3. Get good adviceHomebuyers who want to take advantage of the tax credit should consult the right people for help, including:
- A tax preparer, who can help them ensure they meet all the requirements to use the credit.
- A mortgage lender, who can help them choose a loan program that will fit their needs.
- A Realtor, who can help them locate a home they can afford and want to purchase.
Buyers should be aware that not all loans allow the borrower to finance closing costs or accept a contribution from the seller toward those costs, Bernard says. Many loan programs do allow those options, but that "certainly is not a blanket opportunity," she says. Buyers whose savings won't stretch to cover all the out-of-pocket costs to buy a home should discuss that constraint with their loan officer or mortgage broker.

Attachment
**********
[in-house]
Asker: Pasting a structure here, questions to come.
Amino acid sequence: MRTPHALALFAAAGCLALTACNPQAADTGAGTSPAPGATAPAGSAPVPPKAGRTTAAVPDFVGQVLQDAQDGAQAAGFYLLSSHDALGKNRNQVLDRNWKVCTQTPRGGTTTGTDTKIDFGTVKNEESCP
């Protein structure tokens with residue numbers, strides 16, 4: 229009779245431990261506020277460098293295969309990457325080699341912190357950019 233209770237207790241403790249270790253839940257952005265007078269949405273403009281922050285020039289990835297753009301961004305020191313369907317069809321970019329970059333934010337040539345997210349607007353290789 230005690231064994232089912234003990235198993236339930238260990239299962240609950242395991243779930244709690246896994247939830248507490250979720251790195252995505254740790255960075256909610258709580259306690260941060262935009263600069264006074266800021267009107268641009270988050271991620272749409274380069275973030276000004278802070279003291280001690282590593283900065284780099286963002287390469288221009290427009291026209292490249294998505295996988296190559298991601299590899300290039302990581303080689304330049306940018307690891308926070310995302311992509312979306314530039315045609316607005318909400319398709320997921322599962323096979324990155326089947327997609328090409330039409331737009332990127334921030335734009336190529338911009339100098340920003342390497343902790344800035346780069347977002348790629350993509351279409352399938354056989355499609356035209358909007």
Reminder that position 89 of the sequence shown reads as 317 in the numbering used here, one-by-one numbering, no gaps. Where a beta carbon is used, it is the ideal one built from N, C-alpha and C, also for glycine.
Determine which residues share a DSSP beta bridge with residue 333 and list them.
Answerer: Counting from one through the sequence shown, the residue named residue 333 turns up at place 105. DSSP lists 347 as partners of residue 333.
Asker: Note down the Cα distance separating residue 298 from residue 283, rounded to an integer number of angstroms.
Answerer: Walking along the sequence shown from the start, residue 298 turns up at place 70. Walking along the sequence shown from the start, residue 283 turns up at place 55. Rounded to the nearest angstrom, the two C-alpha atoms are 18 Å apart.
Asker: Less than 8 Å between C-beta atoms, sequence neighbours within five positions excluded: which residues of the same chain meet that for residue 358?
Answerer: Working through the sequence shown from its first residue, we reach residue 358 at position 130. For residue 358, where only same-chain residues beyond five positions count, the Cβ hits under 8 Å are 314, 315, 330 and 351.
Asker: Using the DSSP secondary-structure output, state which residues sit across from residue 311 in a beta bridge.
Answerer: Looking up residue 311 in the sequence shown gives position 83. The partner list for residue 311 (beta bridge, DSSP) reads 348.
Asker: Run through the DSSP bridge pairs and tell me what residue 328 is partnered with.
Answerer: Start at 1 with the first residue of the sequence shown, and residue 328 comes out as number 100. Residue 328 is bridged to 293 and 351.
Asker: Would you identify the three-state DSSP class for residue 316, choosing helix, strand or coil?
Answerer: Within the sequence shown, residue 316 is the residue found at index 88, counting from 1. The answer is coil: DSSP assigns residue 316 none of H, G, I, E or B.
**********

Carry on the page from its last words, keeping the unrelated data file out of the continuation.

4. Beware of tax fraudAccording to Patti Ketcham, broker and owner of Ketcham Realty Group in Tallahassee, Fla., homebuyers should educate themselves about the tax credit and learn the lingo.
"It is critical that buyers educate themselves and that they not fall for the slick smoke and mirrors," she says. "Anytime you have found money, it brings out all the rats."
Three Web sites that may be helpful are:
Buyers and sellers should be wary of any advice that sounds suspicious or overly complicated, Ketcham says. For instance, buyers who are told to conceal any information from their lender should "get away" from whoever offered that advice, she says.
One final tip: The IRS has found such a high incidence of fraud and creative tax accounting associated with the homebuyer tax credit that taxpayers who take the credit will now be required to attach a copy of the settlement statement to their federal tax return as proof of purchase. Buyers should keep their paperwork handy.
<< Back to the 2010 Real Estate Guide table of contents.
Create a news alert for "mortgage"